Dec 4, 2013
Five Women Who Matter Most
Posted on Oct 4, 2011
The Forbes list of the World’s 100 Most Powerful Women is an obscenely wealthy international sisterhood of politicians, celebrities and billionaires who crashed through the glass ceiling. Forbes describes them as “the women who matter most.”
How is it that Irene Rosenfeld, the CEO of Kraft, whom Forbes lauds for “announcing the divorce between the brands Oreos and Mac ’N Cheese,” matters most? Deciding the fate of cookies and carbs defines power?
Why does Wal-Mart heiress Alice Walton, art patron and trust fund progeny with a penchant for collecting expensive oil paintings (she paid $4.9 million for Norman Rockwell’s canvas “Rosie the Riveter”), matter most? The woman never worked a day in her life. Walton’s fortune of $21 billion was made off the backs of millions of female workers at Wal-Mart who are discriminated against in pay and promotions.
(Forbes explains on its website that it chooses these women from a predetermined list of 200, which is then narrowed down on the basis of “three metrics: dollars, a traditional and social media component, and power base points,” whatever those are.)
No. The women on the Forbes list are not the ones who matter most. They use their power in the pursuit of profit for themselves and for shareholders to sustain a global system of economic and social inequality.
FORBES: Michelle Obama, first lady and attorney.
She’s listed because “the first lady keeps a high profile with her mission to end childhood obesity and her stylish fashion picks.” You are what you wear and Obama has the ability to make or break fashion trends and designers. Now that is power! She heads the anti-obesity campaign Let’s Move.
Obama spoke to the National Association for the Advancement of Colored People and stated, “We are living today in a time where we’re decades beyond slavery, we are decades beyond Jim Crow, when one of the greatest risks to our children’s future is their own health.” She blames obesity on individuals and the family. In a lecture worthy of Bill Cosby, Obama chastised the NAACP audience: “Our parents made us get up and play outside. … Kids nowadays don’t even know how to jump double-dutch!” She added, “Shoot, I can’t tell Malia and Sasha to eat their vegetables if I’m sitting around eating French fries. … And I can’t tell them to go run around outside if I’m spending all my free time on the couch watching TV.” Really? The high rate of obesity in the black community isn’t caused by the racism that’s plunged 4 million black children, more than 1 in 3, into poverty? Since her husband took office, child poverty has increased by 10 percent. It’s not the stunning racial disparities in health care or that more than 20 percent of African-Americans are uninsured? Obama avoids those issues and doesn’t tackle the interconnectedness of racism, poverty and poor health outcomes. That would require going up against her husband’s record, which has favored military spending, bank bailouts and tax cuts for the rich at the expense of social programs for the poor. Instead, Obama wants folks to plant organic gardens full of arugula and Japanese eggplant. Obama is working on a book about the White House garden tentatively titled “The Audacity of Organic.”
FORUS: Michelle Alexander, attorney and author.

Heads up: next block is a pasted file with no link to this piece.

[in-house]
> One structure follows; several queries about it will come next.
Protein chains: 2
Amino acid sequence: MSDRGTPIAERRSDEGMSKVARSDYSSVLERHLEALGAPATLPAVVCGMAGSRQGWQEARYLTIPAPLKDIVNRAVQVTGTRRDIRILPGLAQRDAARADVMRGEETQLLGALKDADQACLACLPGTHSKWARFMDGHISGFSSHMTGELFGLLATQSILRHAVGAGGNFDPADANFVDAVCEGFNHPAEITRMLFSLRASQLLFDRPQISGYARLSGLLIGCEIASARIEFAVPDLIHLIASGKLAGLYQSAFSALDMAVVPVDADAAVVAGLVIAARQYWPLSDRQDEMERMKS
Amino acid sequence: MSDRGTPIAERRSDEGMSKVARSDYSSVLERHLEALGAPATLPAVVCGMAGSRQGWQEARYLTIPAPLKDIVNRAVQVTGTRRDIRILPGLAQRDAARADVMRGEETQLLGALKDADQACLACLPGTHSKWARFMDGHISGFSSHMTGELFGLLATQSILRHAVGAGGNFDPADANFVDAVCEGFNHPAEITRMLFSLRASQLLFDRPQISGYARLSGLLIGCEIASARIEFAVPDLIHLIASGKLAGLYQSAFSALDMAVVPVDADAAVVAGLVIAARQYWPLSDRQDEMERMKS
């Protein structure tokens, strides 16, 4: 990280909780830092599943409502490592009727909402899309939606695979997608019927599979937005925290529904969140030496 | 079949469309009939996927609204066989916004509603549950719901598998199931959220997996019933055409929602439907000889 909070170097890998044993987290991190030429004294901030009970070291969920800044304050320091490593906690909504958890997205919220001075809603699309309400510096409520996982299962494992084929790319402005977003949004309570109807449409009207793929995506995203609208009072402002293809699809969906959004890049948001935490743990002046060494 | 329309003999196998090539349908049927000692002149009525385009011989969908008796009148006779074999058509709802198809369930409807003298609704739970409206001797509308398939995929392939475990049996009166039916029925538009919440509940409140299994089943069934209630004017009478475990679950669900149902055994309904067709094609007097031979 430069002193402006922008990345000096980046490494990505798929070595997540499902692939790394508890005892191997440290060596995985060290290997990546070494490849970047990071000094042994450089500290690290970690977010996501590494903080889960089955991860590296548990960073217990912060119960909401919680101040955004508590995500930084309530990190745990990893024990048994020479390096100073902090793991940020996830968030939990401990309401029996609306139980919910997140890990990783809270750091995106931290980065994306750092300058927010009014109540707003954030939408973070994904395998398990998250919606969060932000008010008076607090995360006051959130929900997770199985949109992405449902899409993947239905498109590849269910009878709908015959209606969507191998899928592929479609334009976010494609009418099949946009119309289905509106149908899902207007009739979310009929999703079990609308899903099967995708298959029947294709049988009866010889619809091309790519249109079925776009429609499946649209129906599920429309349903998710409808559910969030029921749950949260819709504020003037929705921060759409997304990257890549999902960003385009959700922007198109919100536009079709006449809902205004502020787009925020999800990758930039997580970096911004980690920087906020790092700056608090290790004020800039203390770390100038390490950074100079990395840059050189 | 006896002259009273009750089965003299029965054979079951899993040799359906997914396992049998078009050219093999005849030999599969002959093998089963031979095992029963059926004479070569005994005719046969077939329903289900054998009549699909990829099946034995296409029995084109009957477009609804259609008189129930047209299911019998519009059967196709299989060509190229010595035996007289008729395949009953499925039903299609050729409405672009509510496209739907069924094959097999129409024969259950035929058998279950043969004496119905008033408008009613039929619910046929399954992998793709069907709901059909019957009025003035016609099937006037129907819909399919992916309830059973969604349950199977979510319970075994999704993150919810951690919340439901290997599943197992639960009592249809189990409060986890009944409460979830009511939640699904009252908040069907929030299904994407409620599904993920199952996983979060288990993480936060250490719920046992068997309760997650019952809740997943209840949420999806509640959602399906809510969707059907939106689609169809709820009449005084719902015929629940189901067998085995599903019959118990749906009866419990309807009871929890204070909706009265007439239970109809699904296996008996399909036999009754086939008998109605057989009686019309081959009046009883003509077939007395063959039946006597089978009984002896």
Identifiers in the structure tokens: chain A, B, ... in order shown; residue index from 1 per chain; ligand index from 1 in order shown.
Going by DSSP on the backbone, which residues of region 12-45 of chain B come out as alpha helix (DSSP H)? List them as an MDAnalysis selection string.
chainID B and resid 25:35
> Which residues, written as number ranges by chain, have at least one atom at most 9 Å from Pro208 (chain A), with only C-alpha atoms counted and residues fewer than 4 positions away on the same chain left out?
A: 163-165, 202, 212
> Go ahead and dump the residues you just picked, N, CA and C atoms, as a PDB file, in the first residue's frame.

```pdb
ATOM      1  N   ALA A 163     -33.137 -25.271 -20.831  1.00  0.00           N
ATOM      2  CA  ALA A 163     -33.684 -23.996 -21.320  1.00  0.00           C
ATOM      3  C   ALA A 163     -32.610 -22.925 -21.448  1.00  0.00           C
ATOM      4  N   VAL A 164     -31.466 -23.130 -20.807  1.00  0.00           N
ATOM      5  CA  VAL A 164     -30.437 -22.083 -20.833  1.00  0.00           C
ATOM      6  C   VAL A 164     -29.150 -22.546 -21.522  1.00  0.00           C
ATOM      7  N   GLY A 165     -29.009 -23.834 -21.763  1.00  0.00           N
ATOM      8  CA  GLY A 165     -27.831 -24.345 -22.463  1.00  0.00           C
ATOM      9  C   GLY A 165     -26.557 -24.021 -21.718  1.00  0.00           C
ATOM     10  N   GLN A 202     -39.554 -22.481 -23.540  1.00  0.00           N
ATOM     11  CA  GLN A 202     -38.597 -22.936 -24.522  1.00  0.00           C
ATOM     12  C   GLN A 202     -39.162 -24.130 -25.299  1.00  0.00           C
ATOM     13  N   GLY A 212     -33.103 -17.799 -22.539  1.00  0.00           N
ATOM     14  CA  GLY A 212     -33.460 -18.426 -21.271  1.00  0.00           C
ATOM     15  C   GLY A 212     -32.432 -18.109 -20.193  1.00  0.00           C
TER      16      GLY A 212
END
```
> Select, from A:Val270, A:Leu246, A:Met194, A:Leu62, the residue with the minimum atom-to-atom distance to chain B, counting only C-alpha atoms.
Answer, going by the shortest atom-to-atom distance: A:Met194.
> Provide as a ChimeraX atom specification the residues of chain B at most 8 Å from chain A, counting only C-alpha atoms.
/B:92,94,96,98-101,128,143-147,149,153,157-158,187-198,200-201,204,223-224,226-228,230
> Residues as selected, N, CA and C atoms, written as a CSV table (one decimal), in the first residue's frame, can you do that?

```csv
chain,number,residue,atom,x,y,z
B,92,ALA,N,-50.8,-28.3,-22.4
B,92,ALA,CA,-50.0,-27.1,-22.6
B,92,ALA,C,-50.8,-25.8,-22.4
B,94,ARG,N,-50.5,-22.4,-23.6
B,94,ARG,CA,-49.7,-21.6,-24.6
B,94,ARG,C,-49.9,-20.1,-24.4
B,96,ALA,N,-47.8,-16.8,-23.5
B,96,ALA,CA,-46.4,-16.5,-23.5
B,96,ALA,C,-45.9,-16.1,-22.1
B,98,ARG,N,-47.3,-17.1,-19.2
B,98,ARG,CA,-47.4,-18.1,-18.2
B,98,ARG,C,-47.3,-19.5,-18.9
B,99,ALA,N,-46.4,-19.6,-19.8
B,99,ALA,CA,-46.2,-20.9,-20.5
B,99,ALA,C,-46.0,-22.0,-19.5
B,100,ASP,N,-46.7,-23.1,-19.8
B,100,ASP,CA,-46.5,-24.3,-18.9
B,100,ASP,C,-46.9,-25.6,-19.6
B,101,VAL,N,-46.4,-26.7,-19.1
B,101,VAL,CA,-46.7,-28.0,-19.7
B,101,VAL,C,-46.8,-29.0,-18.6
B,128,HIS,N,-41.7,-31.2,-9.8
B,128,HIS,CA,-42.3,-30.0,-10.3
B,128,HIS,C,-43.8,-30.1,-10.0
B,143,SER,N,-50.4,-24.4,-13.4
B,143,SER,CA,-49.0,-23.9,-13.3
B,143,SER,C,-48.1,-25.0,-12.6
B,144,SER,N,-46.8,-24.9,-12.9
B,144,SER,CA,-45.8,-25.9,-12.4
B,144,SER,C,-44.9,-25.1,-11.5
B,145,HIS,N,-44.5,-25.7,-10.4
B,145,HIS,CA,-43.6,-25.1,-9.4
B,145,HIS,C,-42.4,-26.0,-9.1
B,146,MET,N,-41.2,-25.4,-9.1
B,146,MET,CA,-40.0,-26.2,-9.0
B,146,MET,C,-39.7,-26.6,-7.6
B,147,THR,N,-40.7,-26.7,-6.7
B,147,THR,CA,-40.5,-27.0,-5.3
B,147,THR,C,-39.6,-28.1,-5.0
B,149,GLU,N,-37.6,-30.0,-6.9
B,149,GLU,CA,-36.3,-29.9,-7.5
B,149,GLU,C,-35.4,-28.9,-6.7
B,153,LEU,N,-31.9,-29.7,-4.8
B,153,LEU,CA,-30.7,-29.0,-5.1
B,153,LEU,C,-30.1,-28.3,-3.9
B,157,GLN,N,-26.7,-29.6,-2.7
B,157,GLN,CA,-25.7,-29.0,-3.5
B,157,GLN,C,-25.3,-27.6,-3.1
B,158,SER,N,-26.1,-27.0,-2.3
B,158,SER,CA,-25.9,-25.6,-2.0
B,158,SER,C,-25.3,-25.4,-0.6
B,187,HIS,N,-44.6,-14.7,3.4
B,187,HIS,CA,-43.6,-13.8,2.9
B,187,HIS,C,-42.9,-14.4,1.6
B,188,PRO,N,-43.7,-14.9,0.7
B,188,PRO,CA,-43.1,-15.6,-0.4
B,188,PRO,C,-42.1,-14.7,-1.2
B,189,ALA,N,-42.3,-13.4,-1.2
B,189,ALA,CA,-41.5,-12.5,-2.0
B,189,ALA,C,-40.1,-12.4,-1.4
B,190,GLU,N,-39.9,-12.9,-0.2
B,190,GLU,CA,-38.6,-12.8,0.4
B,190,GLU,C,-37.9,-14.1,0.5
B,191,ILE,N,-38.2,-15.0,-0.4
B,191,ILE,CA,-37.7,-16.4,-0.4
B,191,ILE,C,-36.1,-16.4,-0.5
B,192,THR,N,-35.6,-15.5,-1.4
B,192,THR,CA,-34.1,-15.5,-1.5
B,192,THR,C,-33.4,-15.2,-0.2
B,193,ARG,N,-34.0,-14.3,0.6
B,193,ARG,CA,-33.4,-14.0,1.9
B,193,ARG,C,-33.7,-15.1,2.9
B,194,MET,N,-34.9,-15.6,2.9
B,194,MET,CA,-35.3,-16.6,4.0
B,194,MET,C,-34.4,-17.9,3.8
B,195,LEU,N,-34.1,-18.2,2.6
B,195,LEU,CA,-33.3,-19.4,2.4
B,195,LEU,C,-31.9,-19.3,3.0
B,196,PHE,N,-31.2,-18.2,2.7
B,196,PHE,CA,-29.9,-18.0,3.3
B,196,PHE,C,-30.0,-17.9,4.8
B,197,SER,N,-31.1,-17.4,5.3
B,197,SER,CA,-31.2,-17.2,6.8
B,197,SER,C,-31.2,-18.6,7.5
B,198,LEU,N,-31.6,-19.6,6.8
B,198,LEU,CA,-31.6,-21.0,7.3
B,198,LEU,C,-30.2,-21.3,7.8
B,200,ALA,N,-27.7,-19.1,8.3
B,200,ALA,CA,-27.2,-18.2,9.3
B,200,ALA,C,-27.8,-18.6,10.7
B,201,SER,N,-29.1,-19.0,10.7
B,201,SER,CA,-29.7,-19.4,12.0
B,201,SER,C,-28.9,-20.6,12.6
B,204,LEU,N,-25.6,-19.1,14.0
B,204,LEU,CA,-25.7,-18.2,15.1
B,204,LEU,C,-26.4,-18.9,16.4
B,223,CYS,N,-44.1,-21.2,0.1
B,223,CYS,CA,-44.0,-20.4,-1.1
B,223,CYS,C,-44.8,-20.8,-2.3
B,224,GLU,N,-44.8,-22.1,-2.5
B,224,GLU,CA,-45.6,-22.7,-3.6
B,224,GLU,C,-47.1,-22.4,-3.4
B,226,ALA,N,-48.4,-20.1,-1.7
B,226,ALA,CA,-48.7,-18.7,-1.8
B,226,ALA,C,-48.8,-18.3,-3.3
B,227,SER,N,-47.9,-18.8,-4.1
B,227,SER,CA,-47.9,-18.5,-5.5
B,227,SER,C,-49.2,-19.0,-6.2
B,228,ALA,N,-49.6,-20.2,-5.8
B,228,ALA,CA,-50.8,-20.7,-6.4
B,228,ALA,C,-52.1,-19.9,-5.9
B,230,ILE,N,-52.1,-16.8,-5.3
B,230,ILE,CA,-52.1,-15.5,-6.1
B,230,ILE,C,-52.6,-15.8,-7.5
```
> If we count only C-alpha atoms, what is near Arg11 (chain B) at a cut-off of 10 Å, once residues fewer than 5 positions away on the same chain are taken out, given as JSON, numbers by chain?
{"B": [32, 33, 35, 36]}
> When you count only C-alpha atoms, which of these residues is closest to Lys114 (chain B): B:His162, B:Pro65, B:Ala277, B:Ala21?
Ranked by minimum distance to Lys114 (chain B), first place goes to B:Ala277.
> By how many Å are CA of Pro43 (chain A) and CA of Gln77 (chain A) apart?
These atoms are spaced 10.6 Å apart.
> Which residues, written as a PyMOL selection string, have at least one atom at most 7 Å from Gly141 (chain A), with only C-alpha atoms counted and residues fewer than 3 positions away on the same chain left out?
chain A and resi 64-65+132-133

Alexander argues that the United States is not “decades beyond Jim Crow.” This Michelle isn’t afraid to use the “R” word: Racism. In her brilliant book, “The New Jim Crow: Mass Incarceration in the Age of Colorblindness,” she takes a scalpel to the criminal justice system and cuts through layers of lies and myths. Alexander documents, in a way that only a legal scholar and a former attorney for the ACLU can, the endemic and vindictive racism that is entrenched in the American justice system. Who is incarcerated in the world’s greatest democracy? One million black people. How did the majority get behind bars? The War on Drugs. Alexander catalogs how SWAT team drug raids invade black neighborhoods and cast a wide dragnet, and then the system “lock ’ems up” and throws away the key for decades using racist mandatory minimum sentencing laws.
Alexander exposes the hidden and devastating plight of ex-prisoners with felony convictions. She unapologetically defends felons—no one defends felons in tough-on-crime America. That matters. Her book documents how the scarlet “F” permanently strips millions of African-Americans of basic rights and creates a racial caste of second-class citizens. The new, old Jim Crow.
In part because of Alexander’s uncompromising, won’t-back-down advocacy, the NAACP has officially called for an end to the War on Drugs. “Driving over the speed limit puts more people at risk than smoking marijuana in the privacy of your own home,” Alexander asserts. Hallelujah!
FORBES: Hillary Clinton, secretary of state.
She’s chosen because “in her second year on the job, Hillary Clinton continues to earn high marks for advancing U.S. interests and policies overseas and pushing women’s issues, development and education to the top of the foreign policy agenda.”
She has also gained a reputation as an enthusiastic hawk who often favors the stick over the carrot.
The job description for secretary of state never changes: Defend U.S. interests abroad by any means necessary. Use secret back channels to bully and berate enemies, spin on behalf of targeted assassinations and, as we know from the State Department cables published by WikiLeaks, lie. A lot.
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